Recently, amplification of HER2 has been reported in three of 26 (12%) EGFR-mutant NSCLC patients who have AR to TKIs. Similar to MET, it is believed that HER2 is able to signal parallel to inhibited EGFR and thus reactivate common downstream signaling pathways (84).
Due to KRAS mutations’ associations with primary resistance to EGFR inhibitors, recent studies have focused on RAS/MAPK signaling as potential mechanisms of AR (85). KRAS mutations themselves are known to be mutually exclusive with EGFR mutations in patients. Thus, despite their role in primary resistance, no KRAS mutations have been identified in EGFR mutant patients with AR (75,85,86). However, Ercan et al. (87) identified MAPK1 amplification in an erlotinib-resistant EGFR-mutant NSCLC patient. The investigators further demonstrated that a mechanism of resistance to the irreversible EGFR TKI WZ4002 was increased ERK signaling due to amplification of MAPK or down regulation of negative regulators of ERK signaling. This resistance was overcome by inhibition of MEK or ERK and prevented the development of subsequent resistance.
Mutations in downstream effector molecules of EGFR
Alternative to parallel pathways being activated, downstream effector molecules of the EGFR signaling pathway have also been reported to be mutated, leading to AR (76). PIK3CA mutations have been reported in 5% of EGFR-mutant patients who have AR and preclinical studies demonstrate the ability of these mutations to confer resistance via activation of downstream AKT (88). PI3K phosphorylates PIP2 to PIP3; PTEN (phosphatase and tensin homolog), reverses this phosphorylation. The loss or decreased expression of PTEN has also been linked to AR (89,90).
A recent retrospective study identified point mutations in BRAF in two out of 195 (1%) lung cancer patients with AR to EGFR TKIs. The investigators further confirmed BRAFs potential role in AR by inducing ectopic expression of mutant BRAF in drug-sensitive EGFR-mutant cells, inducing resistance to EGFR TKIs. The addition of a MEK inhibitor was able to overcome induced resistance (86).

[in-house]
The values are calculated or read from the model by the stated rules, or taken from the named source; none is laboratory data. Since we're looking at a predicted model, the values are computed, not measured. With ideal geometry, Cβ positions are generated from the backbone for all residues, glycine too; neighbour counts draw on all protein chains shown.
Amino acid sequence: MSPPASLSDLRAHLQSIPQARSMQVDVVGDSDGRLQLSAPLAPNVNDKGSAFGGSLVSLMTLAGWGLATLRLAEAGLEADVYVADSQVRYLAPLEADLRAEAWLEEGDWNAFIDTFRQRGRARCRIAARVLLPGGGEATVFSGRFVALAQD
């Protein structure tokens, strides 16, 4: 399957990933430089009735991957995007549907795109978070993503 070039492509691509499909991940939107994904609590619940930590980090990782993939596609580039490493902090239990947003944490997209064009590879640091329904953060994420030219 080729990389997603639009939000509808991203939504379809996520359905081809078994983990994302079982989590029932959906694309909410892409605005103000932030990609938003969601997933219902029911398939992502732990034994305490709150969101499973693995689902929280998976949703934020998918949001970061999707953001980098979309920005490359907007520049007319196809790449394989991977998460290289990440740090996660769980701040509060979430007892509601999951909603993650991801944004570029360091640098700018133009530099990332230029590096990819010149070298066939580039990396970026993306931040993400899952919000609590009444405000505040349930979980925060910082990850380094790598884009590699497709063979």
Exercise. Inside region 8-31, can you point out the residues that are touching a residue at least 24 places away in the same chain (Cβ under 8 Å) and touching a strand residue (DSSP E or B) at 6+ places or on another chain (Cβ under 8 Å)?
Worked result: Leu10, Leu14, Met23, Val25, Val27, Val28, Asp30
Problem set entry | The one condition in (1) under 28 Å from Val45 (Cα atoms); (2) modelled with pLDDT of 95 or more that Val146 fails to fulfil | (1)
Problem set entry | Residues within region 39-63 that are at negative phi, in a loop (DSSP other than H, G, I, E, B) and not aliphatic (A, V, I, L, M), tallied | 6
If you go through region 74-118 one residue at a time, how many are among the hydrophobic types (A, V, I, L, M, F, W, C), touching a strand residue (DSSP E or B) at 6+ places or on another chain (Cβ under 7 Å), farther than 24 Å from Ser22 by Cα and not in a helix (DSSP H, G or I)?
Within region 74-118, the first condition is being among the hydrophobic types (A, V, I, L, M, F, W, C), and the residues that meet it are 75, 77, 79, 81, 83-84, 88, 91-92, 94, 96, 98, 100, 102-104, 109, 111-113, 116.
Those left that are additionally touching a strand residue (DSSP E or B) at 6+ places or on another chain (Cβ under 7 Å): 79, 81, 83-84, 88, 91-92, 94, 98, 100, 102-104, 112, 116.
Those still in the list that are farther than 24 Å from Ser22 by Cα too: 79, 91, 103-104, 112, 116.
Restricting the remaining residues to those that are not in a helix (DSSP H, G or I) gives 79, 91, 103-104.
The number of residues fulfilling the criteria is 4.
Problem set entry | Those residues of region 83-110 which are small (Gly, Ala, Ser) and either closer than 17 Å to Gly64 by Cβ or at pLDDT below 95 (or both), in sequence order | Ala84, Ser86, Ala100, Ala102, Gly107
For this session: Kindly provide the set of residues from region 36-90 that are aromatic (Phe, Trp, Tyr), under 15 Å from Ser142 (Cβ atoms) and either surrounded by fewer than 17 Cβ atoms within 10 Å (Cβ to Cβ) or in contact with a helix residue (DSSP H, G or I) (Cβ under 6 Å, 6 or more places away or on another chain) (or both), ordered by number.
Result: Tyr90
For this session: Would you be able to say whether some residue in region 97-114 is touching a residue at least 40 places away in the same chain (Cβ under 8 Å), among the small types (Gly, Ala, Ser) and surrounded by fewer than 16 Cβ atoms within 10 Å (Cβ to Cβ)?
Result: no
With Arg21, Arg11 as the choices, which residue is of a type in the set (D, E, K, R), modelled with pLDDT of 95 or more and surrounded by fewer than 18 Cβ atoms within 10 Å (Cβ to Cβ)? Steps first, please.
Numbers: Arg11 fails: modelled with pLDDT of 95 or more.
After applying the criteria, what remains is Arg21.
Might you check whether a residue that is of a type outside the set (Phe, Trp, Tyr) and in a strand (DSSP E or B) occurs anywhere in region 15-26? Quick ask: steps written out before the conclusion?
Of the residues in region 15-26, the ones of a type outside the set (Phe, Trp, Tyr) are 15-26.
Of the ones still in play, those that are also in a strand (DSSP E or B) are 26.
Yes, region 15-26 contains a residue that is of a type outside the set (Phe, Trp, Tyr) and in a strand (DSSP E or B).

Epigenetic and other mechanisms
Although the genetic basis for acquiring TKI resistance has been well established, a number of recent observations reveal a reversible epigenetic mechanism of drug resistance. Firstly, genetic mechanisms alone cannot account for the high prevalence of TKI-resistant tumors. Secondly, many NSCLC patients who previously developed TKI resistance respond to TKI again after being off the drug for a period of time. Such a phenomenon indicates that acquired TKI resistance might not require a permanent genetic alteration. Thirdly, there is still a significant proportion of TKI resistant tumors that do not harbor any known genetic alterations and activation of alternative signaling pathway. Finally, tumors exhibit not only genetic but also epigenetic heterogeneity within cell populations (91,92).
Epithelial-to-mesenchymal transition (EMT)
EMT, as the name suggests, is a cellular phenotypic change. It can be characterized molecularly by a loss of epithelial markers such as E-cadherin, and a gain of mesenchymal markers, such as vimentin (93). At the cellular level, EMT leads to enhanced motility, invasiveness, and in vitro EGFR TKI resistance (94-96). EMT has also been identified in subsets of clinical EGFR TKI-resistant specimens. Despite the growing evidence that EMT may play a role in resistance to treatments, the underlying biology of this change and specific mechanisms of resistance remain unknown (75). Recent work demonstrated the efficacy of blocking ERK1/2 in preventing EMT in lung cancer cells and enhancing their sensitivity to EGFR TKIs. By inhibiting MEK1/2 (MAPKK1/2), an epithelial phenotype was promoted and maintained in NSCLC cells despite exogenous stimulation by TGF-beta. Furthermore, cells that exhibited de novo or AR to gefitinib demonstrated decreased cell migration and enhanced sensitivity to the EGFR TKI when MEK was inhibited long enough to trigger changes in EMT marker expression (97).
Several studies have reported the histological transformation to small cell lung cancer in EGFR mutant NSCLC patients with acquired EGFR TKI resistance, accounting for resistance in possibly up to 3% of the patients. Interestingly, the conversion to SCLC was associated with sensitivity to standard SCLC treatment while the original EGFR mutation was still maintained in the tumor (75,98). The mechanism underlying this histological transformation still remains unknown.